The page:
their mouths as wide as opera singers;
counted the stars, my little campaigners,
my scar daisies, and knew that I walked my love
on the night green side of it and cried
my heart to the eastbound cars and cried
my heart to the westbound cars and took
my truth across a small humped bridge
and hurried my truth, the charm of it, home
and hoarded these constants into morning
only to find them gone.
The same points of historical reference, and the same spirit of change and social evolution, return in variations in the museums and faces of Montreal. The Archeology and History museum is a place to hear those themes of native inhabitation, French fur trade activity, immigrant jostling, war and the aftermaths, industrial development, forward-looking optimism . The 1967 Expo and its exhibits of progress, international cooperation and change, still throw bright light on this progressive city.
The Museum of Fine Arts features two special shows. Revolution shows the new music, consumption patterns, social assumptions and humane ideas that blossomed in the late 60’s. There was Woodstock, The Beatles, Vietnam and the protests that followed from it, convenient and fast food, the age of television, etc. Montreal is still reacting to and recovering from the 60’s and the Expo that showcased so much of it there.
It’s probably past time for young people of North America to let their hair down again, and try to bring in the Age of Aquarius, with sympathy and love abounding.
Love is Love is an admission by Barak Obama in support of same-sex marriage and the title of the second special exhibit at the Museum of Fine Arts.
Installations at the Museum of Contemporary Art invite visitors to enter and explore Olafur Eliasson’s simple sensory playgrounds. Water, light, images, recorded and visual media, are offered in stark and dramatic interactive modules.
Just outside the front door of the Museum of Contemporary Art, the city made room for its annual jazz festival. Right in the urban center, music and happy crowds appeared.
I was surprised by the prairie and western feel of Montreal, connecting more with the great plains in the center of the continent than with American-urban-east, just to the south.
This borrowed lake,
still as a bored counselor,
barely returns a reaction
to my tone and twitch.
Green minnows of mind
rest in grooves of gold sand.
Opaque tails flutter, lips pop
leisurely, gills wave like red
threaded dragon wings.
Simple thoughts are small fish,
resting until, up they go,
like their train of bubbles,
rising to disappear in air.
My family spent a week in California, camping in a vintage Volkswagen. On two nights we searched past dark for a campground. We walked under the giant trees in the national parks, drove into Yosemite Valley on a bright morning, and one evening stood at Glacier Point where John Muir stood with Teddy Roosevelt.
Planting a Sequoia by Dana Gioia
All afternoon my brothers and I have worked in the orchard,
Digging this hole, laying you into it, carefully packing the soil.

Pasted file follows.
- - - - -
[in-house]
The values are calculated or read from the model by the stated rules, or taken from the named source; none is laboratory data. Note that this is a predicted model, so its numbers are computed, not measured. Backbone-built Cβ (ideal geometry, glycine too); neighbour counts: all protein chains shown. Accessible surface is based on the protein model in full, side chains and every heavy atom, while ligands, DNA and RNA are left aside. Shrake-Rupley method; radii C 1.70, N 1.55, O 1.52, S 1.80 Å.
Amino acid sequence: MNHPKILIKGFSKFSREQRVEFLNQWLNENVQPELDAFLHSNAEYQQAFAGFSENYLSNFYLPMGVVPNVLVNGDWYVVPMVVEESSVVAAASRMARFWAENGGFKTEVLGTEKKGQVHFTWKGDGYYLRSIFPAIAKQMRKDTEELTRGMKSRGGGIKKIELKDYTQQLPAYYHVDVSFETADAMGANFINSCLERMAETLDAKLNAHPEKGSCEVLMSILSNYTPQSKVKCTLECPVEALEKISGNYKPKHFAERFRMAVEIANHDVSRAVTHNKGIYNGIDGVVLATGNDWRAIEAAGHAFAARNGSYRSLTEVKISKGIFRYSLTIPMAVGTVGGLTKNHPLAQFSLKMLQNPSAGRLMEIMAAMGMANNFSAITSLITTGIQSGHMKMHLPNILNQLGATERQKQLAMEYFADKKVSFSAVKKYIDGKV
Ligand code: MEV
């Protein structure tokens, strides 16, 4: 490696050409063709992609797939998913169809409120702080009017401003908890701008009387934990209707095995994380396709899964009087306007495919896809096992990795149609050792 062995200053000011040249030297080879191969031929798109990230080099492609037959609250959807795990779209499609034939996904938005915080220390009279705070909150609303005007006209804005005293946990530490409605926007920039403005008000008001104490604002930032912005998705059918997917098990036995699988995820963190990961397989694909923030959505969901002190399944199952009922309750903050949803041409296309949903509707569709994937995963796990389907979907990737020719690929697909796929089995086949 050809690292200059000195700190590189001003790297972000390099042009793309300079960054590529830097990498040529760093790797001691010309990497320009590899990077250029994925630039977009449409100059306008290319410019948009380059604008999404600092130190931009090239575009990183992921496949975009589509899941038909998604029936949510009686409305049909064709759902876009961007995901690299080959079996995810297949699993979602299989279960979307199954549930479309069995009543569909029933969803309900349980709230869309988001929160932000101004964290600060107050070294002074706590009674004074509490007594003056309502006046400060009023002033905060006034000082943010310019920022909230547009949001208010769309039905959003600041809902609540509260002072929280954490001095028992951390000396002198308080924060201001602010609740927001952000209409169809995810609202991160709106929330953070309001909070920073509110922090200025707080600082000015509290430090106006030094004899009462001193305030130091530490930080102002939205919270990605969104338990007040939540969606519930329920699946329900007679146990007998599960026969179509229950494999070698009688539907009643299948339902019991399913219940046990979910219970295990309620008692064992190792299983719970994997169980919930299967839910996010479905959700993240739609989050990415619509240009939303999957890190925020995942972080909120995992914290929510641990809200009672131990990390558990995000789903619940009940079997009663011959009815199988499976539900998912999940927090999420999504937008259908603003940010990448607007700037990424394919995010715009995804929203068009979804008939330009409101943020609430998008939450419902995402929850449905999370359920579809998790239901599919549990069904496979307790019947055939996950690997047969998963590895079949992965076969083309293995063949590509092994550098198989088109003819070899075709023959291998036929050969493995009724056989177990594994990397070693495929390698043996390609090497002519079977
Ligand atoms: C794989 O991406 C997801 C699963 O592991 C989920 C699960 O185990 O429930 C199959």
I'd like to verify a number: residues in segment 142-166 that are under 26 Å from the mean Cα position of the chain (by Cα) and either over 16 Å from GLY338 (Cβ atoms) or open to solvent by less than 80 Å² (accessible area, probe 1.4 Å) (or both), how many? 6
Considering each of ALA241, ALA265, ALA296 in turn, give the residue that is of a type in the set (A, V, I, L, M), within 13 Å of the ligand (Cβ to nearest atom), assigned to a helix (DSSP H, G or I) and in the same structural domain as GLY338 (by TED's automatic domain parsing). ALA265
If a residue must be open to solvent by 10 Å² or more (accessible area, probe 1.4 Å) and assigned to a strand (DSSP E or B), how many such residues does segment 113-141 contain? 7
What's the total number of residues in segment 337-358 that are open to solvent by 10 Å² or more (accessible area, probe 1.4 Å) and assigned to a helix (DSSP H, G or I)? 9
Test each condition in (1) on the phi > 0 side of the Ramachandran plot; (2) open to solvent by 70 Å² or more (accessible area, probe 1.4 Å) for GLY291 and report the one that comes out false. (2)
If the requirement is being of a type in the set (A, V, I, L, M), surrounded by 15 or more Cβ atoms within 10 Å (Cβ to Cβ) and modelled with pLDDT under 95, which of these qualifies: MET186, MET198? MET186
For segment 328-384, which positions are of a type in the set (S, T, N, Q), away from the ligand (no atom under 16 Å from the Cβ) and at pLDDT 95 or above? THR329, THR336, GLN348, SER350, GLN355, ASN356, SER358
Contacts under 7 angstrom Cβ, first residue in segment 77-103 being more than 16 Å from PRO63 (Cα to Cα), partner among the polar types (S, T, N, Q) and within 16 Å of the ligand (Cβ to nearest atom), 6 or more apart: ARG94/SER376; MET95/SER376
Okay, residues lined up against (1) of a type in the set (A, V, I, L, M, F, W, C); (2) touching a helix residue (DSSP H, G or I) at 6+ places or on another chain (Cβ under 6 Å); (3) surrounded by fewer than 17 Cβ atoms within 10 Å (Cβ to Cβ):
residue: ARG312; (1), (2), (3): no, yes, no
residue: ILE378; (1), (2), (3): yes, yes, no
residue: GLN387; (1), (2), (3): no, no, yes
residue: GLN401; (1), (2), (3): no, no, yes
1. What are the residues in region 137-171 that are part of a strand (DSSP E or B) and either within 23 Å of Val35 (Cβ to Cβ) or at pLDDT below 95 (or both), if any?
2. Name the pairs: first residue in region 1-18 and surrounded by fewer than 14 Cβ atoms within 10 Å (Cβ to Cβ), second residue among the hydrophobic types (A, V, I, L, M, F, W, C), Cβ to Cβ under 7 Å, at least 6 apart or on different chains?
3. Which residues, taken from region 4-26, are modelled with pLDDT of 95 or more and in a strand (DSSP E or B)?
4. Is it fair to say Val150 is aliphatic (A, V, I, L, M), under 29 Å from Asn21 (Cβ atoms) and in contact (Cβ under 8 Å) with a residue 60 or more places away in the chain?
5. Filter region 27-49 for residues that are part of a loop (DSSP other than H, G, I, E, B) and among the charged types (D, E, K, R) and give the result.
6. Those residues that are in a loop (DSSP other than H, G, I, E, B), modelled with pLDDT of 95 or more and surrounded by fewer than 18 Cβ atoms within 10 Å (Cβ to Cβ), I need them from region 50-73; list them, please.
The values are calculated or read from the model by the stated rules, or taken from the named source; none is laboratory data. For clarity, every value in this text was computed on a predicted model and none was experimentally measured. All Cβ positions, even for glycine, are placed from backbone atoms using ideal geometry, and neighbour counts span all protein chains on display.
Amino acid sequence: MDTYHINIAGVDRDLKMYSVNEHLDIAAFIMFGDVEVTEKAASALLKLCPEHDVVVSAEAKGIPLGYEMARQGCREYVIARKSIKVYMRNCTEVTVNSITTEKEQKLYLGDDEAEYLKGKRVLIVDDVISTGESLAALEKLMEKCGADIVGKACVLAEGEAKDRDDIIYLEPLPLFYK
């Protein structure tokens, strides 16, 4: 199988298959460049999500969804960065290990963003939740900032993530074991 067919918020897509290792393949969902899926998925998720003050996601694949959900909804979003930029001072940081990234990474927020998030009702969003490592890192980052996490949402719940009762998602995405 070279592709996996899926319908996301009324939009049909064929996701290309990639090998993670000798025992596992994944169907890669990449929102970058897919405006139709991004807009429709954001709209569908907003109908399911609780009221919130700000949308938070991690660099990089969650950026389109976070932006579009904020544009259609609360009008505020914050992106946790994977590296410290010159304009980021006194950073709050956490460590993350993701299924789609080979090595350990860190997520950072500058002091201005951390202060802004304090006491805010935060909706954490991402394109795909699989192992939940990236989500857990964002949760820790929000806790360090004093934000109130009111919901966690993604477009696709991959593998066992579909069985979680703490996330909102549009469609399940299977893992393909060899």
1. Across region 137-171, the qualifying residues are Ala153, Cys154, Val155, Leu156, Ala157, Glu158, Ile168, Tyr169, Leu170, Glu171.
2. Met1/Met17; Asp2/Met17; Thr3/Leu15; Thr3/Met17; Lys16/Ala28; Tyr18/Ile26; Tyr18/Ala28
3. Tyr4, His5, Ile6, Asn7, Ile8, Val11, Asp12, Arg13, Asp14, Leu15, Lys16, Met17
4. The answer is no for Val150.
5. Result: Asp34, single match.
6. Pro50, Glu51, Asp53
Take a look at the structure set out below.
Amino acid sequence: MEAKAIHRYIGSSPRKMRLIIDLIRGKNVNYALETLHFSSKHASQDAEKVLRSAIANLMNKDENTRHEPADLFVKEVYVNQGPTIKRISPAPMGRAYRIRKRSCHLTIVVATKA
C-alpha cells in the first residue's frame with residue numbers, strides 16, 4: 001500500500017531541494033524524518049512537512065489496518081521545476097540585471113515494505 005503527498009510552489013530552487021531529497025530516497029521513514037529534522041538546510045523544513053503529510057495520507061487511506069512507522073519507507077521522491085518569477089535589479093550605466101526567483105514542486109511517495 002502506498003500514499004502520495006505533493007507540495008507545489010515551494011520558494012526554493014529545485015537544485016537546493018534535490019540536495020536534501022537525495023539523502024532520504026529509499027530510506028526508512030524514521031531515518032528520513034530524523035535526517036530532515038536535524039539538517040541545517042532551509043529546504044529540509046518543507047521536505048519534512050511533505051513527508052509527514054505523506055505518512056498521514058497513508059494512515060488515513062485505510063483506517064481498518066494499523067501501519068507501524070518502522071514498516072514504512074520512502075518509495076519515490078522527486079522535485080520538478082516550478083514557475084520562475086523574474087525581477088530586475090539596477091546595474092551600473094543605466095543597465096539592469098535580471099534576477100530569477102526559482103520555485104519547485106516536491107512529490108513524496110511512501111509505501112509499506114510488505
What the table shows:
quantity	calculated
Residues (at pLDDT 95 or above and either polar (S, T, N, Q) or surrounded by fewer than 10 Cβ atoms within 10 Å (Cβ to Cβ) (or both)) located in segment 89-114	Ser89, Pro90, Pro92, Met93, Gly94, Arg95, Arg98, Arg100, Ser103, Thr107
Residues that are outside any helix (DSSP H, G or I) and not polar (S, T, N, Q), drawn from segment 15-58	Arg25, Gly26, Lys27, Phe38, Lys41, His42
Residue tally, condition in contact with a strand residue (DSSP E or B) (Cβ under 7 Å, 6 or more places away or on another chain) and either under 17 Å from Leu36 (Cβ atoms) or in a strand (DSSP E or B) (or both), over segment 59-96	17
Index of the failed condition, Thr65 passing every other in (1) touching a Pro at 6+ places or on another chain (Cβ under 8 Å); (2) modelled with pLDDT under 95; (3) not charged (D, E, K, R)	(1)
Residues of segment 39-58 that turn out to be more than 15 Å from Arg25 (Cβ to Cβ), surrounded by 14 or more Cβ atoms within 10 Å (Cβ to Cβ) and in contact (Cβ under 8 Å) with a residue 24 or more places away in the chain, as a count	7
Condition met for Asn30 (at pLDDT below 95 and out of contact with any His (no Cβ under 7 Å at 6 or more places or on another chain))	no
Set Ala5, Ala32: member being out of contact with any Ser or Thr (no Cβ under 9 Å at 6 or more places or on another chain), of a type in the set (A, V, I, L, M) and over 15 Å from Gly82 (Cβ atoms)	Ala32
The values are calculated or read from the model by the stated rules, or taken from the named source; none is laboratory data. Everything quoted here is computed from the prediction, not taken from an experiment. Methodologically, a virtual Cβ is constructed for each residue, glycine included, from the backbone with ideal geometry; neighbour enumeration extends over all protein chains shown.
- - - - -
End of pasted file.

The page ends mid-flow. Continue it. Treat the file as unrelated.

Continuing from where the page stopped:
Rain blackened the horizon, but cold winds kept it over the Pacific,
And the sky above us stayed the dull gray
Of an old year coming to an end.
In Sicily a father plants a tree to celebrate his first son’s birth–
An olive or a fig tree–a sign that the earth has one more life to bear.
I would have done the same, proudly laying new stock into my father’s orchard,
A green sapling rising among the twisted apple boughs,
A promise of new fruit in other autumns.
But today we kneel in the cold planting you, our native giant,
Defying the practical custom of our fathers,
Wrapping in your roots a lock of hair, a piece of an infant’s birth cord,
All that remains above earth of a first-born son,
A few stray atoms brought back to the elements.
We will give you what we can — our labor and our soil,
Water drawn from the earth when the skies fail,
Nights scented with the ocean fog, days softened by the circuit of bees.
We plant you in the corner of the grove, bathed in western light,
A slender shoot against the sunset.
And when our family is no more, all of his unborn brothers dead,
Every niece and nephew scattered, the house torn down,
His mother’s beauty ashes in the air,
I want you to stand among strangers, all young and ephemeral to you,
Silently keeping the secret of your birth.
Reading this book will change the way you see trees. In folktales and childhood stories, sometimes trees are characters with personalities and relationships, not merely commodities for the mill. Wohlleben tells a story of science that enchants our giant neighbors again.
It turns out that as trees breathe, they communicate with each other, turn their arms to the rain, resist threats, and face danger together. Trees shelter their young, hold hands (sort of) and are faithful to fallen neighbors, feeding the stumps of missing friends with their own roots. Trees exhibit individual differences, adapt to the seasons and to local environments, share resources and protect their own kind.
This is another new nature book in which a scientist/naturalist presents her/his biology and chemistry results, from years of careful observation and sympathetic analysis, giving his subjects the gift of deep thought and imaginative narration. Wohlleben describes our neighbors, the trees, not as “other” but as fellow, related creatures of earth. In their apparent impassive stillness, trees alter our human sense of time and of the span of generations. They might even stun us, and quiet us, into a new kind of humility and wonder.